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Oregon now most restrictive state on West Coast when it comes to mask rules

FILE -- A sign reminds customers to wear their masks at a bakery in Lake Oswego, Ore., on Friday, May 21, 2021. (AP File Photo/Gillian Flaccus)
FILE -- A sign reminds customers to wear their masks at a bakery in Lake Oswego, Ore., on Friday, May 21, 2021. (AP File Photo/Gillian Flaccus)
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Starting Tuesday, Oregon's mask rules will be the most restrictive on the West Coast.

California will ditch masks in most situations for fully vaccinated people on Tuesday. Washington has done the same for weeks now. But Oregon officials still require businesses to verify the vaccination status of customers who want to go mask-less.

"I do think the idea of having some way of verifying vaccination status or pairing that with certain behaviors like masking or social distancing is the right approach," said Dr. Joshua Liao, a behavioral scientist and associate professor of medicine at the University of Washington.

Despite that endorsement for vaccine verification, Liao says governmental policies can conflict with human behavior.

KATU asked Liao about the large volume of cross-border travel between Portland and Vancouver and whether Oregonians who experience different pandemic rules in Washington would come to resent their own rules.

"We cue off of others in terms of what we ought to do, and when we see others around us not conforming to certain rules or polices, it increases the likelihood that we won't follow those policies either," said Liao. "If Portlanders go to other areas where they don't have the certain policies or rules, you can imagine, potentially, that seeing that behavior may undercut the commitment to doing that even in the areas where there are those policies."

Liao says particular policies, like requiring businesses to verify vaccine status if they want to allow mask-less customers, work best when proper messaging is associated with them.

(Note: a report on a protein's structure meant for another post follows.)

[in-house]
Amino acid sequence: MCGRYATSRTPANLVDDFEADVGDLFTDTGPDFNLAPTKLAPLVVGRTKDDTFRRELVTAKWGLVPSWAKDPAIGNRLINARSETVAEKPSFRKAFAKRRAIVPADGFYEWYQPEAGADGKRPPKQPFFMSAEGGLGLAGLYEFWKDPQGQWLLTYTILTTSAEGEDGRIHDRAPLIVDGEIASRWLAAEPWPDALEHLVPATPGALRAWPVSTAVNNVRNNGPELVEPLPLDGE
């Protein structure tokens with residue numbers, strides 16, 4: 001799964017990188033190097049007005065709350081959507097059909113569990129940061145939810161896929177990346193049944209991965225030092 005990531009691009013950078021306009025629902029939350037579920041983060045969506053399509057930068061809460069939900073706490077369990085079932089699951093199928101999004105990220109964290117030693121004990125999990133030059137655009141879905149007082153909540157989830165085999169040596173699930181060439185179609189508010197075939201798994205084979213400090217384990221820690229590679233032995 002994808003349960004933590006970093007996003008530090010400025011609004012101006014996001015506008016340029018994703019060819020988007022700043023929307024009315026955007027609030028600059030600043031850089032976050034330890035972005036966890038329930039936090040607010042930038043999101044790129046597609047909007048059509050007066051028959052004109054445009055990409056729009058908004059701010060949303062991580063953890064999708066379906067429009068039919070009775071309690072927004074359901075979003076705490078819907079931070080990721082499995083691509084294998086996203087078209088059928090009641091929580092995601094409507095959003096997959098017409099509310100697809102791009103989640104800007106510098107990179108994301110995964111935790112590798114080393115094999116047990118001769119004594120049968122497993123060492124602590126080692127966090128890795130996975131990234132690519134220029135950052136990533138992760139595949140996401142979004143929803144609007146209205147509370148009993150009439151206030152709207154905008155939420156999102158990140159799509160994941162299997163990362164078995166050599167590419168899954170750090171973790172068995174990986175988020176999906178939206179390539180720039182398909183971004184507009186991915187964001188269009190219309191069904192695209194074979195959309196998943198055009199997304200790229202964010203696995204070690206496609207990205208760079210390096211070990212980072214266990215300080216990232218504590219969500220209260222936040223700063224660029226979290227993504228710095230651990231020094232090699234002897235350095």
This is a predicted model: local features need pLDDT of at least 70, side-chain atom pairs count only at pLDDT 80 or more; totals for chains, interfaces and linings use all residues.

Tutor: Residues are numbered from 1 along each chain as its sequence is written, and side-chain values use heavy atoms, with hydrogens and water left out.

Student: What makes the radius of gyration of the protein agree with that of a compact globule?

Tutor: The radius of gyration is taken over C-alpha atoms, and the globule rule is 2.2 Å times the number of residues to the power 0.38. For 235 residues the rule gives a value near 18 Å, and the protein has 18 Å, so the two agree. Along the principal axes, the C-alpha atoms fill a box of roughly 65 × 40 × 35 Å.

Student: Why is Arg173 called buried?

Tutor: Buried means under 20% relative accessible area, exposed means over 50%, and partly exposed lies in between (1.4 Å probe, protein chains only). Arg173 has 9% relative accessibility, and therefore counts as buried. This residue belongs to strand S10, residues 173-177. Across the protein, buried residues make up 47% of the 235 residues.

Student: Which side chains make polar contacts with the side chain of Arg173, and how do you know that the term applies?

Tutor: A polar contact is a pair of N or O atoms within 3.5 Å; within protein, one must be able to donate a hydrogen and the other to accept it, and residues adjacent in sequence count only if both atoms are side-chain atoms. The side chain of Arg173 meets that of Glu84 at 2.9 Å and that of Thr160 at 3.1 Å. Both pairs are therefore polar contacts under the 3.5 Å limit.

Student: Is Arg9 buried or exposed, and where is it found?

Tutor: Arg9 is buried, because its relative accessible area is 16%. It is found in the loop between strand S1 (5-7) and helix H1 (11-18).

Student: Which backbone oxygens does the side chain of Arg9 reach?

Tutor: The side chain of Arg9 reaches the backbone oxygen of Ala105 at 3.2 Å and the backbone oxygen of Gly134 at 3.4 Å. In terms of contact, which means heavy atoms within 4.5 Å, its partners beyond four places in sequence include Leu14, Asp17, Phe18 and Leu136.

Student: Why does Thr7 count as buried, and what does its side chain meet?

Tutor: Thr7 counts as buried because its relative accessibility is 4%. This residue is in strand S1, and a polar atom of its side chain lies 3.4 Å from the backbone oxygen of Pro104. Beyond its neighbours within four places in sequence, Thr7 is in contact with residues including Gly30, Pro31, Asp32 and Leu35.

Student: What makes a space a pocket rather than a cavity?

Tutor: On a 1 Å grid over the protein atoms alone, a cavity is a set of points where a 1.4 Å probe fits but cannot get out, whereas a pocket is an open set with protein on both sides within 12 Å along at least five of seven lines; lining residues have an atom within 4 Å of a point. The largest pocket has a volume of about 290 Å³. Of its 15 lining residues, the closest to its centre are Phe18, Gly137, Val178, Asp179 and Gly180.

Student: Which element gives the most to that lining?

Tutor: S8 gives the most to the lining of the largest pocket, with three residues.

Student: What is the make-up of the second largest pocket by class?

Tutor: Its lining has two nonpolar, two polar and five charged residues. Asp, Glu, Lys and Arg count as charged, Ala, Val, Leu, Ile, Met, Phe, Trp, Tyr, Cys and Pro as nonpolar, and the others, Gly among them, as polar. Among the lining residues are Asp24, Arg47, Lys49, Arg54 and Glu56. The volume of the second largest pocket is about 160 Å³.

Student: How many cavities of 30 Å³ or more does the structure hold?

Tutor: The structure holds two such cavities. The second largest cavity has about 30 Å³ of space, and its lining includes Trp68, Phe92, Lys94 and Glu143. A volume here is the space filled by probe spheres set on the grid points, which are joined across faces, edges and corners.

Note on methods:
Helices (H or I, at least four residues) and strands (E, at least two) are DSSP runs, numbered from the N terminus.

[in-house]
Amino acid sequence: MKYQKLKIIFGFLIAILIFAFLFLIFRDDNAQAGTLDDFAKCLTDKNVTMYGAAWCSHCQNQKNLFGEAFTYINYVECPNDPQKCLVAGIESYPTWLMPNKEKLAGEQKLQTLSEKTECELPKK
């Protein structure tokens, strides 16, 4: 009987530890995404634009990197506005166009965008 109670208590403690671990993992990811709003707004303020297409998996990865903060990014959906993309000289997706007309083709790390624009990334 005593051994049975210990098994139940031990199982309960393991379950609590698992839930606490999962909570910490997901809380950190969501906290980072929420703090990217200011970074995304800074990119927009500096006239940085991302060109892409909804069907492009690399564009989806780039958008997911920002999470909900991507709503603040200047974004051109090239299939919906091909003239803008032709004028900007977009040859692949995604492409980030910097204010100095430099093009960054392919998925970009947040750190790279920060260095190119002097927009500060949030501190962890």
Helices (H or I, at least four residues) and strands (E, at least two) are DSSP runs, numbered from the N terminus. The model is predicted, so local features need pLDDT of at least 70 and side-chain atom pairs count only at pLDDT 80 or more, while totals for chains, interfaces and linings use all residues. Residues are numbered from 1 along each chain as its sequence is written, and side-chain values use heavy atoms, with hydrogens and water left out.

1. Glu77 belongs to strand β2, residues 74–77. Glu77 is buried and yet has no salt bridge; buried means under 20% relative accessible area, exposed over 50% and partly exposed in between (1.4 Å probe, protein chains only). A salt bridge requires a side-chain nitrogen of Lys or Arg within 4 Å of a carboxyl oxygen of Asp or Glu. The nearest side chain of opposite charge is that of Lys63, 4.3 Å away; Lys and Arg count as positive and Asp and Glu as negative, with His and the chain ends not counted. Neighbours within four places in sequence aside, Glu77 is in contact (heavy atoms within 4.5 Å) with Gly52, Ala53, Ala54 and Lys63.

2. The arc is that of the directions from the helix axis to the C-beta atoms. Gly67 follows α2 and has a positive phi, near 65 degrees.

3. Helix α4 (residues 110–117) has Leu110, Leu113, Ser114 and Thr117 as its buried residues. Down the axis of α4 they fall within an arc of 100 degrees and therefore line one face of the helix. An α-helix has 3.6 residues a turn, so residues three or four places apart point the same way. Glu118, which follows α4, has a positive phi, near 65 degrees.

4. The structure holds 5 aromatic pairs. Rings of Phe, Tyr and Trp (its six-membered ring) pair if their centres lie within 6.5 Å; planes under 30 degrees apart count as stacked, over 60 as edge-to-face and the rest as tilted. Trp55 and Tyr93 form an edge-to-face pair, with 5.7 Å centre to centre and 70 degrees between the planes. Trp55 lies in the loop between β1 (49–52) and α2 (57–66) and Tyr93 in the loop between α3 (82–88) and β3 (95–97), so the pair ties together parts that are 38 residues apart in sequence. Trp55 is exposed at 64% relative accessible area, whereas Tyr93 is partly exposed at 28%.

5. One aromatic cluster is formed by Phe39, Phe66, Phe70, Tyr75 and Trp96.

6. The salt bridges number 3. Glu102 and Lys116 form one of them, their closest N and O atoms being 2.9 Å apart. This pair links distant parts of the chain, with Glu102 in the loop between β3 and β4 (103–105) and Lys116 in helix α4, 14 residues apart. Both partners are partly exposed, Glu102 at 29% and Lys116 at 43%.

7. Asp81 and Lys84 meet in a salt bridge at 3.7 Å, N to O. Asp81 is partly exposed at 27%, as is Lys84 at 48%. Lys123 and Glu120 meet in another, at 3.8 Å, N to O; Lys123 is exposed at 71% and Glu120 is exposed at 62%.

KATU reached out to Gov. Kate Brown's office and asked if the state would stick to the plan of waiting for a 70% vaccination goal before masks could be ditched in most cases. A spokesperson sent the following statement:

To reiterate, businesses are not required to implement vaccine verification. All businesses have the option to maintain their current mask and physical distancing measures.

The science is clear: vaccines are very effective in keeping people safe from COVID-19. In Oregon, we updated our guidance to align with the CDC’s recommendations for best practices following that science. That CDC announcement came with no advance warning to states and almost immediately caused confusion in Oregon and states across the country. Oregon’s guidance was meant to give businesses options following the CDC’s announcement, and to give them an opportunity to choose what works best for their business model, between implementing new verification procedures, or keeping their current health and safety measures in place.

The majority of businesses are choosing to continue requiring masks. And, when Oregon reaches a 70% first dose vaccination rate for people 18 and older, most mask requirements will be lifted, with some limited exceptions in line with federal guidance, such as airports and health care settings. Our office has heard the concerns from the business community, retail workers, and others loud and clear, and we have continued to refine our approach. Allowing for vaccinated sections for venues and businesses is an example of that––with vaccine verification in place, businesses and other venues can increase their maximum capacity.

As the Governor has made very clear, this is an interim step, as we work to reach our 70% statewide vaccination goal and close Oregon’s equity gaps. Seventy percent is an important threshold in showing widespread vaccination statewide––and, in the time it takes Oregon to reach 70%, case counts and hospitalizations should continue to fall. We are very close. The more quickly people get vaccinated, the sooner we will reach that goal.

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